Section 230: the Legal System's Shield for Algorithms

I am a law student just beginning to study the effect of AI on society. Tristan Harris and Yuval Noah Harari brought me here.

Section 230 is widely attacked from all over the political spectrum. Some say it allows too much content moderation (infringing free speech) and others say the opposite, that it allows too little content moderation (allowing companies to escape their social responsibilities.

But no-one I have found is focused on the common problem caused by Section 230: that it has been interpreted by courts to mean that content algorithms are neutral, “passive conduits”, rather than the society-defining architecture they actually are. Because of this statute, courts dismiss all lawsuits that seek to hold internet companies responsible for user-generated content; as a result, their algorithms are kept in the dark. We don’t know how much moderation is being done, and what criteria goes into content algorithms–this seems to me the key legal obstacle to making true progress here.

I’m wondering what can be done about this, and I like the comparison to impact-litigation of the past: to make progress in civil rights laws, Thurgood Marshall designed a strategy to fight particular legal battles over the course of several years, in hopes of pushing the courts to start making more equality-minded law. I think CHT would be a perfect organization to do something like this–they seem to be the ACLU of the 21st Century.

Curious what everyone’s thoughts are on this. I’ve poked around the site and can’t find anyone focused on this issue, and there are very few lawyers/scholars looking at the power of algorithms to design society.



Hi Gideon!

Glad to see someone else making noise about Section 230.

I’m not a lawyer or scholar but it’s my favorite sub-topic at HTC as you can see from my post history.

Section 230 created the monsters we now know as Google, Twitter, and Facebook, that have become the censorship division of the US bureaucratic regime. It can’t be defeated in court because the precedent was already set upholding it. It needs to be repealed. But it won’t be because of the EFF’s (aka the Big Tech Lobby) influence on Congress. You would need some kind of counter-lobby (the problem there is money) or grassroots movement (the problem there is education).

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One more thought, if you really want to get the word out on this issue, have you thought about starting a podcast?

Thank you for the response! I will have to look through your posts, I’m only just getting familiar with this forum.

You are exactly right about Section 230. I have indeed been thinking about starting a podcast. Lawyers don’t understand tech (but many think they do, or think they don’t need to) and tech experts don’t have the necessary experience in law to make progress in this area.

Education is the central problem, and a podcast could help bridge the gap in knowledge. A conversation with experts from each domain, or a conversation between two lawyers but moderated by someone with an understanding of the tech, could be really valuable.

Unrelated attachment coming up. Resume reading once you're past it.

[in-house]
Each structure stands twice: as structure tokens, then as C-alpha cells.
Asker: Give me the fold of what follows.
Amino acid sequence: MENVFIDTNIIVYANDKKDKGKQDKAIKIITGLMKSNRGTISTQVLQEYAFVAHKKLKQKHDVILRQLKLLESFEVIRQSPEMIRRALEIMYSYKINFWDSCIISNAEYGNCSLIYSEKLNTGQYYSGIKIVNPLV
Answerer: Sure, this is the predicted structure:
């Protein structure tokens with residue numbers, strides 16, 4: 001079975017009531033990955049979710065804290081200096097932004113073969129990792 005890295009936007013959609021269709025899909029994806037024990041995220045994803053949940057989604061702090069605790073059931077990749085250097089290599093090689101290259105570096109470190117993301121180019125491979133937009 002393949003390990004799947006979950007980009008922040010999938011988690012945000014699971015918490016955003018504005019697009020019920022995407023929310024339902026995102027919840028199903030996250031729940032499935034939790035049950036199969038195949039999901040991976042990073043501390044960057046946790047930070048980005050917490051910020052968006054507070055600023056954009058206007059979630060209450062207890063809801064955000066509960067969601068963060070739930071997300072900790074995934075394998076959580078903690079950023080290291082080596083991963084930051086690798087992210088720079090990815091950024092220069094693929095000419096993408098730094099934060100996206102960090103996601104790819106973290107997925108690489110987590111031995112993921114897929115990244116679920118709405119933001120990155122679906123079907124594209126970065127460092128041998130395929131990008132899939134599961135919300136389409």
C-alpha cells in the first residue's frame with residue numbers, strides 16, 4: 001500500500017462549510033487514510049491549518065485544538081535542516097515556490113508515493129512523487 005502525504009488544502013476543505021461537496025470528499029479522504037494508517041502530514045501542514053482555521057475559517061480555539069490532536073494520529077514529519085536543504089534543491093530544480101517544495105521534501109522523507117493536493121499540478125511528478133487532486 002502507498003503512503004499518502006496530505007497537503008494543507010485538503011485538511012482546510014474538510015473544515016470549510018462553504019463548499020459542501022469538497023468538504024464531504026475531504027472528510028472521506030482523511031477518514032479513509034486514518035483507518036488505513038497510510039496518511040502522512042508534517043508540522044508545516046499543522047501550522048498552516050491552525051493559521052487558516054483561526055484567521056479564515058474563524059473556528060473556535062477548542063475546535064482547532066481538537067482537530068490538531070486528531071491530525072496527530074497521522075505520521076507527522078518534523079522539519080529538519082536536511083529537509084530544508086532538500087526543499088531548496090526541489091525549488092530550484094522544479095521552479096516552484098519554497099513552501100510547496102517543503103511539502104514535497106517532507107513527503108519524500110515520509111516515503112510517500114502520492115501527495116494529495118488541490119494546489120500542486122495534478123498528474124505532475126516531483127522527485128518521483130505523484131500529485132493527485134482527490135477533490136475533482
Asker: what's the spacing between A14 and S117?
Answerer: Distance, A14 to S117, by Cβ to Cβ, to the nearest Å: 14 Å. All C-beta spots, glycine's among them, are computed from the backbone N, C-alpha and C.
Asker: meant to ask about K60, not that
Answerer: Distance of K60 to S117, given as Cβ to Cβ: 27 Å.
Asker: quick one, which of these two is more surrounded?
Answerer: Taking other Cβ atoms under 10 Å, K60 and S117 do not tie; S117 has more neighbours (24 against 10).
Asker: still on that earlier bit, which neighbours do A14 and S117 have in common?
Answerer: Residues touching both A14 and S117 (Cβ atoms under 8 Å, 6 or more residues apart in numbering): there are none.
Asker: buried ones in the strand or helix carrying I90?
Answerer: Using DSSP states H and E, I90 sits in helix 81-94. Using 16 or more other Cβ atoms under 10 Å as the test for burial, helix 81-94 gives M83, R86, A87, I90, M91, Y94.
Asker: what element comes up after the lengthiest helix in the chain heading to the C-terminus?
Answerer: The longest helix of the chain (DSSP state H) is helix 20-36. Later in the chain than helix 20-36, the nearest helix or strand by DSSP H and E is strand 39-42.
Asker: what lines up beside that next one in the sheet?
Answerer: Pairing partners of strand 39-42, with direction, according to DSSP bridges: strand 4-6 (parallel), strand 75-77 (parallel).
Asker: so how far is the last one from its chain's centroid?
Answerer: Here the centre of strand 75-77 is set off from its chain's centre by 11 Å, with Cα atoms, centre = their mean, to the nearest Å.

I’m picturing people like Tristan Harris, Jonathon Haidt, Sam Harris, Stuart Russell, Erik Weinstein or Josh Wolfe, Shane Parrish, etc. A conversation between experts from tech, law, policy, ethics, marketing, venture capital, etc.

I’d love any feedback or ideas on how to carry this forward. I have an idea for the name: Just Systems, or Justsys for short.

Hey @Gideon: There is a good deal of discussion around Section 230 and how it may be revised. I run an organization called All Tech Is Human that unites technologists, advocates, policymakers, academics, ethicists, artists, designers, and more to tackle thorny tech/society issues like Section 230. Lately we have been doing livestream conversations every two weeks, and we will have an event on Thurs, June 25th on Section 230 with guests Kate Klonick (law prof, expert on Section 230) and Yael Eisenstat (Cornell Tech, former FB Elections Integrity).

My background is as an attorney, so I certainly focus on Section 230 as well. As it happens, the podcast I co-host (Funny as Tech) JUST released an ep on Section 230 where I get into the difficult position that platforms find themselves in right now–the more they moderate and provide a degree of editorial control, the less likely they appear to be a neutral conduit. All of the platforms are also highly aware of the shifting landscape. I serve as a member of TikTok’s Content Moderation Council.

Here is a Tech & Policy discussion:

“A conversation with experts from each domain, or a conversation between two lawyers but moderated by someone with an understanding of the tech, could be really valuable.” Yep, we are doing this. Aspen Institute has also been doing a lot of conversations like this, and recently featured a few of the members of FB’s new Oversight Board.

Also, there are a bunch of other orgs focused around this issue. One that comes to mind is TheBridge, which brings together technologists, policymakers, and politicians.

Happy to connect,


Hi @DavidRyanPolgar, nice to meet you! :wave: I’ll add your podcast to my rotation.

I checked out that All Tech is Human video. Interesting, but not very inspiring. They call for more regulation, more censorship, and a larger government role in tech. I’d like to hear their dedicated discussion on Section 230 but I couldn’t find it.

If I had to bet I’d say their take is something like, “It’s true that CDA 230 doesn’t make sense anymore, but these companies are too big to fail (i.e. too useful to us to want to get rid of), so instead we’ll use CDA 230 as a bargaining chip to load up on regulations and new agencies,” which is exactly where Trump ended up after all the grandstanding he did.

I just finished listening to your podcast, and I really liked the part about the different types of shares of Facebook and Google that exist. TIL